How to Graft Orange Trees
Learning how to graft orange trees is a wonderful means of harvesting different kinds of oranges from the same root stock. It is interesting to note that you are not limited to just oranges, but that you may graft any kind of citrus wood to orange trees. The hardest part of the process is the month long waiting period during which time Mother Nature decides on the success or failure of the grafting.
Wait until spring to initiate the grafting process. The best time to cut and insert grafts is when the tree is on the cusp of once again entering the active growing season. If you miss that auspicious moment in time, rest assured that the majority of grafts made between April and September will grow well and produce ample citrus in years to come.
Cut a number of 10- to 12-inch long bud graft branches from a healthy tree. These should be copiously budded branches from last year’s growth. Resist the temptation to use grafts from this year’s wood, since these will generally not result in successful grafts. Use a very sharp knife for this undertaking; you do not want to risk any splintering of the graft base.
Choose the locations on your orange trees where you want to place the grafts. For best results, it is advisable to place the bud grafts about six to 10 inches off the ground, not higher. The closer to the ground you insert the graft, the more undiluted the nutrients, water and sap the graft receives. The higher up you place the graft, the greater the chance is of it either dying off or taking overly long to become a strong branch.
Make a 1½-inch cut in the shape of a “T” at the grafting location of your choice. Use a sharp knife to do so and make certain to cut well below the bark into the tree’s actual wood.
Pick up the first bud graft branch and choose the biggest bud. With a sharp knife, gently excise the bud and a thick splinter of wood--as well as bark--to which it is attached.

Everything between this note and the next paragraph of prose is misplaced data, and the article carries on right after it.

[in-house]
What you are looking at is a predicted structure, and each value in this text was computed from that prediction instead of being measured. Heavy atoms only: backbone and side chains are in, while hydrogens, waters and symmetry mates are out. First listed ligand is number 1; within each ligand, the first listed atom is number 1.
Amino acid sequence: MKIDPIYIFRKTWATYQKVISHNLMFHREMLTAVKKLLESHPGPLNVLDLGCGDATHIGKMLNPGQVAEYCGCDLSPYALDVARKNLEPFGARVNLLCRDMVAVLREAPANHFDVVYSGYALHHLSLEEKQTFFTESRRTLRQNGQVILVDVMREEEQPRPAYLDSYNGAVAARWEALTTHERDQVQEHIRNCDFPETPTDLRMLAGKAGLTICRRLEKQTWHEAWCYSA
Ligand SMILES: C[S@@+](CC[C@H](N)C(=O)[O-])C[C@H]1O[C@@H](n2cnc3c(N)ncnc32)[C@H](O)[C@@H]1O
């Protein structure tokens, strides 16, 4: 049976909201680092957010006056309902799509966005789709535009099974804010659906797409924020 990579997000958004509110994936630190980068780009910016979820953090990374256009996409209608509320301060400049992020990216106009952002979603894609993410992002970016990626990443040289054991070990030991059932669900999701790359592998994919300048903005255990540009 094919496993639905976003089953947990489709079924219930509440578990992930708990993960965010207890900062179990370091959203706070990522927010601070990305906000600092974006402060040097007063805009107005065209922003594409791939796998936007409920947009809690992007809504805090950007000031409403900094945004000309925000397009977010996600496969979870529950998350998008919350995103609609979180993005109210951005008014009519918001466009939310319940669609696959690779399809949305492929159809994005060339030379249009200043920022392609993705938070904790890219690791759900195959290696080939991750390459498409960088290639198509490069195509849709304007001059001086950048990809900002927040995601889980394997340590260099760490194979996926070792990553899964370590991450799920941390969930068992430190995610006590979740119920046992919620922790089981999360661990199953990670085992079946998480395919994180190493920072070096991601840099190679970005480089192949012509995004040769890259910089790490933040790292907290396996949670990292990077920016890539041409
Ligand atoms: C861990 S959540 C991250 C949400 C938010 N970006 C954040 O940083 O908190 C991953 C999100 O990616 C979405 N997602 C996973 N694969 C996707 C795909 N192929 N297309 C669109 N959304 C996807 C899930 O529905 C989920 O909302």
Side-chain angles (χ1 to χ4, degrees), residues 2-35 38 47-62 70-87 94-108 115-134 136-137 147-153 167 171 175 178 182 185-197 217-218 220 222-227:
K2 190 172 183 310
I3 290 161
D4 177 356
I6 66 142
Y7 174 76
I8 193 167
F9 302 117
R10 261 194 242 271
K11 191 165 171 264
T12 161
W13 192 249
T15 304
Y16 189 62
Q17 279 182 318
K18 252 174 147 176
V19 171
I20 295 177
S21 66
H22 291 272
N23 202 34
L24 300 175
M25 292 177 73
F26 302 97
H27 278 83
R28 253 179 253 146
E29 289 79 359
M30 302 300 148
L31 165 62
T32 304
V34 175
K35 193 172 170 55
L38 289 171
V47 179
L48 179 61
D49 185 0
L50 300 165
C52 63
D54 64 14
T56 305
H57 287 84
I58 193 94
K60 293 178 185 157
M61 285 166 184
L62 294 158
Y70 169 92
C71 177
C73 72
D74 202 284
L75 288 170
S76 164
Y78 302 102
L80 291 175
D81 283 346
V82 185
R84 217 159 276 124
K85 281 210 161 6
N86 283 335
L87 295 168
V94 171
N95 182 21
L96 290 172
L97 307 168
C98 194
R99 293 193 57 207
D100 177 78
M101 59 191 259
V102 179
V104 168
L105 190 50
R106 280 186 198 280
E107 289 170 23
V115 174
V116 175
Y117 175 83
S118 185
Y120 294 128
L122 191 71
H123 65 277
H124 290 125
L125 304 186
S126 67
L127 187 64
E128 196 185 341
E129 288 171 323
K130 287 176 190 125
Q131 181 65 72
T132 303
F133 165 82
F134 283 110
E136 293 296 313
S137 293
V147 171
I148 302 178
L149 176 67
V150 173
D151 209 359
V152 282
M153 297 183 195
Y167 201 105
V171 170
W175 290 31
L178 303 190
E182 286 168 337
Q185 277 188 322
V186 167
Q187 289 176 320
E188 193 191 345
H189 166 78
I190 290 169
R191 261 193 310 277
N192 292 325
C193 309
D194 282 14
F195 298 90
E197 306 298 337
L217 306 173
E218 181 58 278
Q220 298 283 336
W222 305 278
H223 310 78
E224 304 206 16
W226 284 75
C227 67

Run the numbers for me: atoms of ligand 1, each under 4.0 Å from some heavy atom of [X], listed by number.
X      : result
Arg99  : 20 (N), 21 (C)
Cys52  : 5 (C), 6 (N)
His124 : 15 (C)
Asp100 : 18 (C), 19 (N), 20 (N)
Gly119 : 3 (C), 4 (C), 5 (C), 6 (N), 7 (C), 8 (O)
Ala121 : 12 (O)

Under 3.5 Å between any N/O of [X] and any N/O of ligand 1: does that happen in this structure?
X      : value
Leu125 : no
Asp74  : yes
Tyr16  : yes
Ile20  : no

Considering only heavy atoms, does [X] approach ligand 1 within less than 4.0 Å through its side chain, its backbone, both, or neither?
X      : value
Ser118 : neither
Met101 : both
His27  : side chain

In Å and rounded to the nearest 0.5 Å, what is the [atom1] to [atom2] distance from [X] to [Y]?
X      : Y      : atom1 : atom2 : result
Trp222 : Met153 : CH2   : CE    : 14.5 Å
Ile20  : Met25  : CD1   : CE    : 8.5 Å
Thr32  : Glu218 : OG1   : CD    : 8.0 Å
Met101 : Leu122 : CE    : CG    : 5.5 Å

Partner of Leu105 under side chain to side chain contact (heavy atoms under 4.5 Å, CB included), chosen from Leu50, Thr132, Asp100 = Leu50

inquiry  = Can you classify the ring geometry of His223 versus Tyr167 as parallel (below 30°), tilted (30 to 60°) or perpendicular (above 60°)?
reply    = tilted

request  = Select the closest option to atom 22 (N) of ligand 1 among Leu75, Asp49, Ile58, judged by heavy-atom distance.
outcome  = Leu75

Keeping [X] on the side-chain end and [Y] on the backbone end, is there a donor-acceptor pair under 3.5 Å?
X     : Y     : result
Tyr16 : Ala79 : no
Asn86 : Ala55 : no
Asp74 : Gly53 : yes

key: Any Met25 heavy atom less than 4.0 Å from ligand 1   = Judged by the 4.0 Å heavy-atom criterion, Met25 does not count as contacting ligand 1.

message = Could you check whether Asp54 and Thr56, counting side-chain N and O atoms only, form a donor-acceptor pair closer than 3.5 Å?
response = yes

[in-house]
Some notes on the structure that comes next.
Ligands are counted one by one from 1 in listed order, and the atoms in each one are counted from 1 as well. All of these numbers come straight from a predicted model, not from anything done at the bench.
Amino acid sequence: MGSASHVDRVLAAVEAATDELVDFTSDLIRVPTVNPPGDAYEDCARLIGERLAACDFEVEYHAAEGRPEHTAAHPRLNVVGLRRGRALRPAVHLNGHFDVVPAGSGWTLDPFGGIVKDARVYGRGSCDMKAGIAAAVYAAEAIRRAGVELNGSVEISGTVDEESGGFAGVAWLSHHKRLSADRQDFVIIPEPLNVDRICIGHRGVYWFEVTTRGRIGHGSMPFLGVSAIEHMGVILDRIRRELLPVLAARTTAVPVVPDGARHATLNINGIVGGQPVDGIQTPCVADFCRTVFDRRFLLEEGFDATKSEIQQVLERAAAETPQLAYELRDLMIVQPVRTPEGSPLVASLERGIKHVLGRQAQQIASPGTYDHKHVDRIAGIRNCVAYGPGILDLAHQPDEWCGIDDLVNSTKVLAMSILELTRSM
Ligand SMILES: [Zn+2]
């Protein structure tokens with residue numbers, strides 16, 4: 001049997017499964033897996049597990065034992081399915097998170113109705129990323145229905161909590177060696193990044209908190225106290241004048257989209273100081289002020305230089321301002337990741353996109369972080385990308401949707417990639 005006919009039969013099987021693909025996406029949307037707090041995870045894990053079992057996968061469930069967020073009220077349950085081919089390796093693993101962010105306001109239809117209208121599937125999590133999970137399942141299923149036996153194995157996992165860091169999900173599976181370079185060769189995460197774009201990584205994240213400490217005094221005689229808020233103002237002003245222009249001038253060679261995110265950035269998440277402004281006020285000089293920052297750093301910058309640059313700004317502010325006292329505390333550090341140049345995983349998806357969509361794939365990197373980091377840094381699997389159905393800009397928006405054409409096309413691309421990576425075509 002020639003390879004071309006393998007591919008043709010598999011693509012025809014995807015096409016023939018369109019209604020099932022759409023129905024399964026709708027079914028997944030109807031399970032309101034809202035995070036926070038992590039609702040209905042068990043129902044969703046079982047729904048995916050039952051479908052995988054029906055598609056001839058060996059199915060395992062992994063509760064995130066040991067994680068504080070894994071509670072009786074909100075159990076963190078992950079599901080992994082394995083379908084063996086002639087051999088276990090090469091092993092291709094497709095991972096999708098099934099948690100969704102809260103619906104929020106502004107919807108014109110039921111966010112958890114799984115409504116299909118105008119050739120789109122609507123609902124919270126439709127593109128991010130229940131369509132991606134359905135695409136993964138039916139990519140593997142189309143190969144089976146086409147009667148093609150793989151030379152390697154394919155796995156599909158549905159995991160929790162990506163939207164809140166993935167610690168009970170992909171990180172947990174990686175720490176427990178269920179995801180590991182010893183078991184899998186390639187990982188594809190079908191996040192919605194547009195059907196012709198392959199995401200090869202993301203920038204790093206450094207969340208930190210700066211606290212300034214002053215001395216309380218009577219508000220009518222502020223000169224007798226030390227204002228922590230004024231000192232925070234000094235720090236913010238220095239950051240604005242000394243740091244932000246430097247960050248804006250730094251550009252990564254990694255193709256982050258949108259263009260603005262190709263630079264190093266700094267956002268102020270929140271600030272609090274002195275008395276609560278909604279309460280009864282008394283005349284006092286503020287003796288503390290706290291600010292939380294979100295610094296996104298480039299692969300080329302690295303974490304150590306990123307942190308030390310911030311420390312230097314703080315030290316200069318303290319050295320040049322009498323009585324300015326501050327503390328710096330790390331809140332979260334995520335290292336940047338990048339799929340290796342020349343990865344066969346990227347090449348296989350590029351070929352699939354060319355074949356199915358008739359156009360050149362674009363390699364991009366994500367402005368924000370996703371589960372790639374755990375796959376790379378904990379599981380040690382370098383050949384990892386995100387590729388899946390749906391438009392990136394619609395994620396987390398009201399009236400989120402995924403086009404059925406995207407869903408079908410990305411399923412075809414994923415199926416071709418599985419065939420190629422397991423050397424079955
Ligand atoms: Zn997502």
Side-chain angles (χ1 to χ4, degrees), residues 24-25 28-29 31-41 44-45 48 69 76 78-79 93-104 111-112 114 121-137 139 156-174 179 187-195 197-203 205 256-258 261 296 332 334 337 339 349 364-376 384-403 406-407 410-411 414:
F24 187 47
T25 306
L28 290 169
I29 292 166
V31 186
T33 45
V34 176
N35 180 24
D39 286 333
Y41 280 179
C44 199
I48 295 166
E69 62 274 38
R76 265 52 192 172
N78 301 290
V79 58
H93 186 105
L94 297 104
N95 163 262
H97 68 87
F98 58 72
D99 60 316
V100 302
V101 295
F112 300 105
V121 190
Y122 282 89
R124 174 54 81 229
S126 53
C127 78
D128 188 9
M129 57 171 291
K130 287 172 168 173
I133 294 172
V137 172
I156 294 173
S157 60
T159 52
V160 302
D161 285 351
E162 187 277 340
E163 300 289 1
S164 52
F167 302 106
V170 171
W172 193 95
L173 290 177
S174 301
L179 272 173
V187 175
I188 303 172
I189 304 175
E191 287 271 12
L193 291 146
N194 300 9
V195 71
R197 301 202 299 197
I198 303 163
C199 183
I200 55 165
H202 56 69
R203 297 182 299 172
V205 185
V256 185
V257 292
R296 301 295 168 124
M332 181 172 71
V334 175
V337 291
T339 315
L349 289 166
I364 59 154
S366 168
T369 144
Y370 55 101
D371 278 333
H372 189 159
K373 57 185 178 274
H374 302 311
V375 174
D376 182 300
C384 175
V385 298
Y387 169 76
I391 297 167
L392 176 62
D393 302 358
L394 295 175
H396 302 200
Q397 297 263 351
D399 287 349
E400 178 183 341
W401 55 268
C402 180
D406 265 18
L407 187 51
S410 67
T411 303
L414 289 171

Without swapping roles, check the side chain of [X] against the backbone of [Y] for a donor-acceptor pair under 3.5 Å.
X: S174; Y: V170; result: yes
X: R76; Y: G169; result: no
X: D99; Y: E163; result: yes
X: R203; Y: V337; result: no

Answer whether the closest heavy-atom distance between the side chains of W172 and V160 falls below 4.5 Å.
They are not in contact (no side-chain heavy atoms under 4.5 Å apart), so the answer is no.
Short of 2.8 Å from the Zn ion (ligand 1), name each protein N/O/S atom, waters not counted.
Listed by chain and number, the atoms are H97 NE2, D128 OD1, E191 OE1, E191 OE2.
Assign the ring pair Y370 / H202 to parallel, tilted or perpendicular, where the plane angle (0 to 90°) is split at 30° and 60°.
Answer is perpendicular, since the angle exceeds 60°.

Uncover the wood underneath the “T” cut in your orange tree by gently lifting up the bark.
Gently insert the wood sliver with the attached bud. Start at the top of the “T” and move downward. The bud will be held in place by the target tree’s bark.
Wrap budding tape underneath and above the graft. The goal is to prevent any movement that might hinter the integration of the bud graft into the actual wood of the orange tree. The tape also avoids moisture loss and premature callusing at the grafting site.
Repeat Steps 4 through 8 for each graft you want to insert into your orange trees.
Remove the budding tape after 21 to 28 days. Successful grafts will show as green, healthy buds; failed grafts usually are limp and may have rotted away already.
Many gardening books advocate the use of an upside down “T” rather than the right side up version. Both methods work.
Based in the Los Angeles area, Sylvia Cochran is a seasoned freelance writer focusing on home and garden, travel and parenting articles. Her work has appeared in "Families Online Magazine" and assorted print and Internet publications.